Tuesday, December 18, 2007

Human Nature (2001)

Directed by Michel Gondry
Written by Charlie Kauffman
Starring Patricia Arquette, Tim Robbins, Rhys Ifans, Miranda Otto, Mary Kay Place, Robert Forster
IMDB Entry

The obscurity of this film is quite surprising. It's recent, and it's another film by the gloriously strange mind of Charlie Kauffman.

Kaufmann (sometimes with his twin Donald) wrote some of the strangest comedies of the past few years, starting with Being John Malkovich, Adaptation, and Eternal Sunshine of a Spotless Mind. Those films are talked about all the time in one aspect or another, but Human Nature is forgotten.

That's odd. Human Nature was filmed right after Being John Malkovich (though the script was written earlier), and you would have thought it would have caught people's eye. It certainly has a lot of Kauffman's weird mixture of slapstick and deep philosophy. But the film seemed to vanish.

The plot is typical Kauffman (if anything about him can be said to be typical). Lila Jute (Patricia Arquette) is a young woman who suffers from hyperpilosity -- hair all over her body. She runs off in the woods to be with nature, but, eventually sick of it, returns and starts an affair with Dr. Nathan Bronfman (Tim Robbins), a scientist who's trying to teach table manners to mice. Meanwhile, Puff (Rhys Ifans) is raised as an ape by a father who left humanity to live like an Apeman. Puff is captured and becomes Bronfman's experiment, a way of seeing if he can be taught to be civilized. Gabrielle (Miranda Otto) is Dr. Bronfman's lab assistant who has an agenda of her own.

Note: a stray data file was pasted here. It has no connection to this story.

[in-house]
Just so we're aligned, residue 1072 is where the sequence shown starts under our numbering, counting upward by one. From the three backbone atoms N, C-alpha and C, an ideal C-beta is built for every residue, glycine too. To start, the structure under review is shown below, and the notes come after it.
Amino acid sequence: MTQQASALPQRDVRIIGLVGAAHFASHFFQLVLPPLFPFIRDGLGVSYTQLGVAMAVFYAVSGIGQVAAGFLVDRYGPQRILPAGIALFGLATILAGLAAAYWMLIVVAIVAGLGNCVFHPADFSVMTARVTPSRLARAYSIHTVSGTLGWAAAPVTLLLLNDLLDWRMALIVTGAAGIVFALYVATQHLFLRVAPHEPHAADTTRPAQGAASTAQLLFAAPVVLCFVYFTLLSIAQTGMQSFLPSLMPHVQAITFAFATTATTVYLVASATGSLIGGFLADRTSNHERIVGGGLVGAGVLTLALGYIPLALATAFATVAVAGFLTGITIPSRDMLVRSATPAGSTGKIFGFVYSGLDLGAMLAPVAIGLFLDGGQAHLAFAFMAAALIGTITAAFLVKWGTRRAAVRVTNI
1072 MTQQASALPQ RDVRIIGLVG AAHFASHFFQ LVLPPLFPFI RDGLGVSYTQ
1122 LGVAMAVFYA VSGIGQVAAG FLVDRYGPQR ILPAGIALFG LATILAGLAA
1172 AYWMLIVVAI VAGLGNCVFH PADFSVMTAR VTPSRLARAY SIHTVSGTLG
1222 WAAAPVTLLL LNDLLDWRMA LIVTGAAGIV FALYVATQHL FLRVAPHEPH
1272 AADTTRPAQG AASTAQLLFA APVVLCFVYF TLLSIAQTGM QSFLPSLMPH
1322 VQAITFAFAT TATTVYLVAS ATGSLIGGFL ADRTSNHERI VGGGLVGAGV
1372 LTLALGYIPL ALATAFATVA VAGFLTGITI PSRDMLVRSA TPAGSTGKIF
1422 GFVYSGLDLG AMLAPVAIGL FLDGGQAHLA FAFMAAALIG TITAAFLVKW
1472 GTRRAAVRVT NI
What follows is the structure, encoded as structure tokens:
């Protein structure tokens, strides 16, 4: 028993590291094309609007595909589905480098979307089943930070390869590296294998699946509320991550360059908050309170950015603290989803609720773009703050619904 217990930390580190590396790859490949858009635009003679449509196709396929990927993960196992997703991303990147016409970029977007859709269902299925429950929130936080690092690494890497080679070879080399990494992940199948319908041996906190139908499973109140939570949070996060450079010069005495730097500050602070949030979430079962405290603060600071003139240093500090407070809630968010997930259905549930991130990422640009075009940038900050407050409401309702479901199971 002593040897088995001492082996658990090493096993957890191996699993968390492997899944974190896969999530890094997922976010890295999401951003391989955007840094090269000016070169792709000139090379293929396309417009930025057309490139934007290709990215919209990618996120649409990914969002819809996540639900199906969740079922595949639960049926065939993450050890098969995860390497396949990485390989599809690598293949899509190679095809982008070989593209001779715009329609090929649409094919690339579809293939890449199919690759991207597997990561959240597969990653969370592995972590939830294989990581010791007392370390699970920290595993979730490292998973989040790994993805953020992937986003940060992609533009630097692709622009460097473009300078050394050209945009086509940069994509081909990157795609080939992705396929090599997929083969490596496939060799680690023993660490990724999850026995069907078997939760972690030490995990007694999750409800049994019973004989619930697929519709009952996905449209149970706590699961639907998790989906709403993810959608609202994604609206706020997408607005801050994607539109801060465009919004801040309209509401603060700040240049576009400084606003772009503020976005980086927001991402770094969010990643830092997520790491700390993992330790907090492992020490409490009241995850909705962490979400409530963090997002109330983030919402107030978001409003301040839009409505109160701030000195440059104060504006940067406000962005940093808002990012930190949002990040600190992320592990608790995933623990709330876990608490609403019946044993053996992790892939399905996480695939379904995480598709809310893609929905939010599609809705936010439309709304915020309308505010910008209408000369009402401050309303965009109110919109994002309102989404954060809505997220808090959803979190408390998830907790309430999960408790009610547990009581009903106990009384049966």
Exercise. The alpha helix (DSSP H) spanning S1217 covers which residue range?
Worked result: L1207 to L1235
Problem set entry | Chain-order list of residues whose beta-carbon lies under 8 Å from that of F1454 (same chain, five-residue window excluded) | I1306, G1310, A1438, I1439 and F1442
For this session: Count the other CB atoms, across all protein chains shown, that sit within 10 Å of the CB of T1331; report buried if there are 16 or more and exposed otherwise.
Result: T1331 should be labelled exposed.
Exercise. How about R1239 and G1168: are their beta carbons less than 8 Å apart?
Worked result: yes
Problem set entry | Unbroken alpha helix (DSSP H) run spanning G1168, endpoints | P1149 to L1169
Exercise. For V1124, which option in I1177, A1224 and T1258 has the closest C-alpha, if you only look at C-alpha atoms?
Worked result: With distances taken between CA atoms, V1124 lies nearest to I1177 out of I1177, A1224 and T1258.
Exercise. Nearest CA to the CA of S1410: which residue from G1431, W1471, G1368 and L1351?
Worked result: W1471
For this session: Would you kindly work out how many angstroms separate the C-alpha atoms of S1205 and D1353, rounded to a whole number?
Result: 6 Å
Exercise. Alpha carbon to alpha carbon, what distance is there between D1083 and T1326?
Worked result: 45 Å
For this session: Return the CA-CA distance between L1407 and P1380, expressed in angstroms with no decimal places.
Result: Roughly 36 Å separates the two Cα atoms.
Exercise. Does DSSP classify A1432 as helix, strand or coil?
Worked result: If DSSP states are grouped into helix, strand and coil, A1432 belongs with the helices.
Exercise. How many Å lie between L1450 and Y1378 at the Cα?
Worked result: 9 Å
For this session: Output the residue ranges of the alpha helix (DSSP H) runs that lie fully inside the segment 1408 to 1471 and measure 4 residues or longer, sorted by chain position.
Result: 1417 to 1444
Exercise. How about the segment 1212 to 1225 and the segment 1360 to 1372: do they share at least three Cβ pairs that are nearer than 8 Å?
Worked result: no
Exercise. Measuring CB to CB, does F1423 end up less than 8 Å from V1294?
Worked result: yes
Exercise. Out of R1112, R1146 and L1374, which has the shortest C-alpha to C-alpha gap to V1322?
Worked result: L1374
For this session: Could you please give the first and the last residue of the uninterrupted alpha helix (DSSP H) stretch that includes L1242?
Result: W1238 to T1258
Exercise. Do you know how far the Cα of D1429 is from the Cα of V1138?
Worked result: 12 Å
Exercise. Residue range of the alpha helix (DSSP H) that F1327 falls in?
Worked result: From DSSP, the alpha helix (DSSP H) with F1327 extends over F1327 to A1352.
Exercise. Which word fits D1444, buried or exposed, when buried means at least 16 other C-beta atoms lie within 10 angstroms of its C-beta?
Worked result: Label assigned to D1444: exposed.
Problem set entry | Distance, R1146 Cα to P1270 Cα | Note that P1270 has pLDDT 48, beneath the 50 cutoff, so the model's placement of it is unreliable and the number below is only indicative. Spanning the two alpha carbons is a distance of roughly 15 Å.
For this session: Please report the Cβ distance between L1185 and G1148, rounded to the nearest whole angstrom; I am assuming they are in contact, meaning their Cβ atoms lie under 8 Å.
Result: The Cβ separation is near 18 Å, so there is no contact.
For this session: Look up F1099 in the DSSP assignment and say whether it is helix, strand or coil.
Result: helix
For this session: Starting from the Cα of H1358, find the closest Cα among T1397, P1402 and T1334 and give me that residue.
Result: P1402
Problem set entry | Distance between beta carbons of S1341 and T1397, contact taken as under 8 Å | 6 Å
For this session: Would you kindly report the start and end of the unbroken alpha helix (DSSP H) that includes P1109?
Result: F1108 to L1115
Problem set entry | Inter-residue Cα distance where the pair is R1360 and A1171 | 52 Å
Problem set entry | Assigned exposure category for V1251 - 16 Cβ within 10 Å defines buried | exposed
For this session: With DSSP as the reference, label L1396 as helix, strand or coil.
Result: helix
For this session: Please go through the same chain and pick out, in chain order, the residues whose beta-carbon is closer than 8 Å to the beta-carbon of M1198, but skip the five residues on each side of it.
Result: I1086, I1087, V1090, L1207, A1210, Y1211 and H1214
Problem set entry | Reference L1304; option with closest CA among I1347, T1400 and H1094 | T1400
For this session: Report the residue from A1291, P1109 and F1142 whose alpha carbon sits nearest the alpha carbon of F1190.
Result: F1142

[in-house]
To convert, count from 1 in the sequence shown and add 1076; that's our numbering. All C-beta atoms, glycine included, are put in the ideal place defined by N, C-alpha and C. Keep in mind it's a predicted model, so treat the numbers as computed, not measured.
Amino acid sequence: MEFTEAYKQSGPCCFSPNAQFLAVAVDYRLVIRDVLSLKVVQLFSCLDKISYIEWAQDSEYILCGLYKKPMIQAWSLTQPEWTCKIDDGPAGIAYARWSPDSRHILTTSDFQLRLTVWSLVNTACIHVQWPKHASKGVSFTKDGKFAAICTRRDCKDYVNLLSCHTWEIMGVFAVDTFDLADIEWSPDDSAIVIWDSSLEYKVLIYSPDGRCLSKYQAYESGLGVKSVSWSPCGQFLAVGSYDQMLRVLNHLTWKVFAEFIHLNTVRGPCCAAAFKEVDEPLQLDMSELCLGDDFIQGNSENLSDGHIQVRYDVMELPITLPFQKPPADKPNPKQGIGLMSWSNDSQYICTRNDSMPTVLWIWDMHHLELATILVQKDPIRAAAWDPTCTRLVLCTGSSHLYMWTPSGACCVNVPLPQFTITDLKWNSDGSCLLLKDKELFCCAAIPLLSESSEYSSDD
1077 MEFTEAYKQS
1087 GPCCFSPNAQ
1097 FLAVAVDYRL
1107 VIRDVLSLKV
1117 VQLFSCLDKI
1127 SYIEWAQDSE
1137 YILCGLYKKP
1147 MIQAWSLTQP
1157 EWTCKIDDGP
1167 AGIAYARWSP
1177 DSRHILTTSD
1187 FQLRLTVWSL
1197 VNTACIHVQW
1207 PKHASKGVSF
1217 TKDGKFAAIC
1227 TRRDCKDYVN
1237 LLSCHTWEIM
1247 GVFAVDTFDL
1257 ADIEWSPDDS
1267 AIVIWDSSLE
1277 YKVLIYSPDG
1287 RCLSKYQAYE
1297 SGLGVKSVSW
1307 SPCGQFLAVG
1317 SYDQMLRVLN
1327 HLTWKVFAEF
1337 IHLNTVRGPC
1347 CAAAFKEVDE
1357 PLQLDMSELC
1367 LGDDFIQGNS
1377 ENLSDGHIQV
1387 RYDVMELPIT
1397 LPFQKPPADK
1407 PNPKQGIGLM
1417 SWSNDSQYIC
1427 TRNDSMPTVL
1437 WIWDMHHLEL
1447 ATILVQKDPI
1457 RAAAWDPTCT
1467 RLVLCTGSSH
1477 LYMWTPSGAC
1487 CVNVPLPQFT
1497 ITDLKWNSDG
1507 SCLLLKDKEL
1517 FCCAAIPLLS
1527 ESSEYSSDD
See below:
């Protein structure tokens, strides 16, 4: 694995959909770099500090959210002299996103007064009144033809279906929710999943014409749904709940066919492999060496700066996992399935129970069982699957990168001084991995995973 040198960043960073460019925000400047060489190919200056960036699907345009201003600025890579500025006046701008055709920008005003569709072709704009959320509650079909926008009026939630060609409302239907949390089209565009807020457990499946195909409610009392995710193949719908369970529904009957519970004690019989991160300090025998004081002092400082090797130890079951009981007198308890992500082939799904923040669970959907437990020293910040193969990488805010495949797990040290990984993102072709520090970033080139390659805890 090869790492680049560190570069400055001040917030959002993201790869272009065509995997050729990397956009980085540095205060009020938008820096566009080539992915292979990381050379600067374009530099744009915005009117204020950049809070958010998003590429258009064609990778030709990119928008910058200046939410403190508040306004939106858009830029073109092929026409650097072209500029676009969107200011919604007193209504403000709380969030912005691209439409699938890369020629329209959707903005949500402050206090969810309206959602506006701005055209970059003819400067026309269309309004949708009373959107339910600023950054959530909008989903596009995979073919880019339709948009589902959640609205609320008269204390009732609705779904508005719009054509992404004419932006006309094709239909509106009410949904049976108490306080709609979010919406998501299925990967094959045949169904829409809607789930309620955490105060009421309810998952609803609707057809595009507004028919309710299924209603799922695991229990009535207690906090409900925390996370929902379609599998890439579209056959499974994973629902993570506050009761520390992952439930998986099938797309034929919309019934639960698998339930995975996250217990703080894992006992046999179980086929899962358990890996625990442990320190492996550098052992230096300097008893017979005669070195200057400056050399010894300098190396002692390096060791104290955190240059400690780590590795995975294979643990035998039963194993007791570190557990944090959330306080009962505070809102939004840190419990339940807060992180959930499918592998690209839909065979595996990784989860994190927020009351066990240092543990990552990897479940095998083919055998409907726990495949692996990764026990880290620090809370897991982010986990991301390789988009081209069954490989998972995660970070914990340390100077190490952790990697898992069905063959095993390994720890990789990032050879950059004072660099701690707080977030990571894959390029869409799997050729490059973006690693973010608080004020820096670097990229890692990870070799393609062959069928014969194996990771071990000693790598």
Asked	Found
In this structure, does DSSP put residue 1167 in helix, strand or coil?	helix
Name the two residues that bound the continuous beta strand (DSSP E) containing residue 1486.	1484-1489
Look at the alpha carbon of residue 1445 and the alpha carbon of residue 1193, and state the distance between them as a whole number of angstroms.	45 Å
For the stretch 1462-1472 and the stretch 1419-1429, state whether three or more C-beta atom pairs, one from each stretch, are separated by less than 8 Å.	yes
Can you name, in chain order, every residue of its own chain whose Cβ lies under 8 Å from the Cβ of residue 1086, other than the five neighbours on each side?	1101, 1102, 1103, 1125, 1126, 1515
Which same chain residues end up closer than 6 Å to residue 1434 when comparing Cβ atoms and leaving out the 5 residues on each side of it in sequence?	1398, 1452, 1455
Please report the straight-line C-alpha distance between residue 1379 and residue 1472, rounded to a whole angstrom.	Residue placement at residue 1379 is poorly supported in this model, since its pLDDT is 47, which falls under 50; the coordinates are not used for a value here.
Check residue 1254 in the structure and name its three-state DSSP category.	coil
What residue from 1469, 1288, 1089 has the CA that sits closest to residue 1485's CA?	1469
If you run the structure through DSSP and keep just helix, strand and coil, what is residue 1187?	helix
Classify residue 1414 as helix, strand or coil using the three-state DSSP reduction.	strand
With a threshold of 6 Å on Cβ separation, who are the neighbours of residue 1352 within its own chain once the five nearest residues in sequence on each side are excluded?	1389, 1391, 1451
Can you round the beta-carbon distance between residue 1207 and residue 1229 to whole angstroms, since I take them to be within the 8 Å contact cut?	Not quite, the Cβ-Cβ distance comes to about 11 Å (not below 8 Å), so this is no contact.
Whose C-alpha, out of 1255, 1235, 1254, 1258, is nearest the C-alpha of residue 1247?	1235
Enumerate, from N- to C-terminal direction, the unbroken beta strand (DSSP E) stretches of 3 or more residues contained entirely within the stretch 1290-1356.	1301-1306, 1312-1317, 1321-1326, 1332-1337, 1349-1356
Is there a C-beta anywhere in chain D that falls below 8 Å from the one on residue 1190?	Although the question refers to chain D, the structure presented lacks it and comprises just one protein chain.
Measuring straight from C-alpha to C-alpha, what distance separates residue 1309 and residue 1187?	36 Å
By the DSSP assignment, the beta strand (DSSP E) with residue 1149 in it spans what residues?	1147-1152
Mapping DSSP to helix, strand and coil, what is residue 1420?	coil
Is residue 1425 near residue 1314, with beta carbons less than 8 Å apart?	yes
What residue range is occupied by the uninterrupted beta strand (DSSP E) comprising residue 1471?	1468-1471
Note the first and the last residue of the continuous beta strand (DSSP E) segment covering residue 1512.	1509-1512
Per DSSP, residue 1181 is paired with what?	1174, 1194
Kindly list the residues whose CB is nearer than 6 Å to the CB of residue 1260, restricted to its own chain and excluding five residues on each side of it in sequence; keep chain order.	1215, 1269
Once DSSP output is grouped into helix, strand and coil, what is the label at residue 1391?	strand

The movie is very funny. It starts with the murder of Dr. Bronfman by Lila, with Puff -- now seemingly cultured and refined -- testifying before Congress about the importance of the human and animal sides of life.

Kaufmann is fond of twists, and this is no different. I won't go into the details, but one of the major themes of the film is that humans are by nature duplicitous. All the characters lie to one another in different ways and betrayal is a fact of life. The surprises are fun to follow -- all the way to the end.

Tim Robbins seems incapable of giving a bad performance, and Patricia Arquette brings a lot of interest to Lila. I discovered that I had seen Rhys Ifans before -- in the Australian comedy Danny Deckchair -- and he stands out as he is taught to be refined, but with his animal nature taking over all too often. It's also fun to see Mary Kay Place and Robert Forster as Bronfman's parents.

If you like Kaufmann, give this a try.

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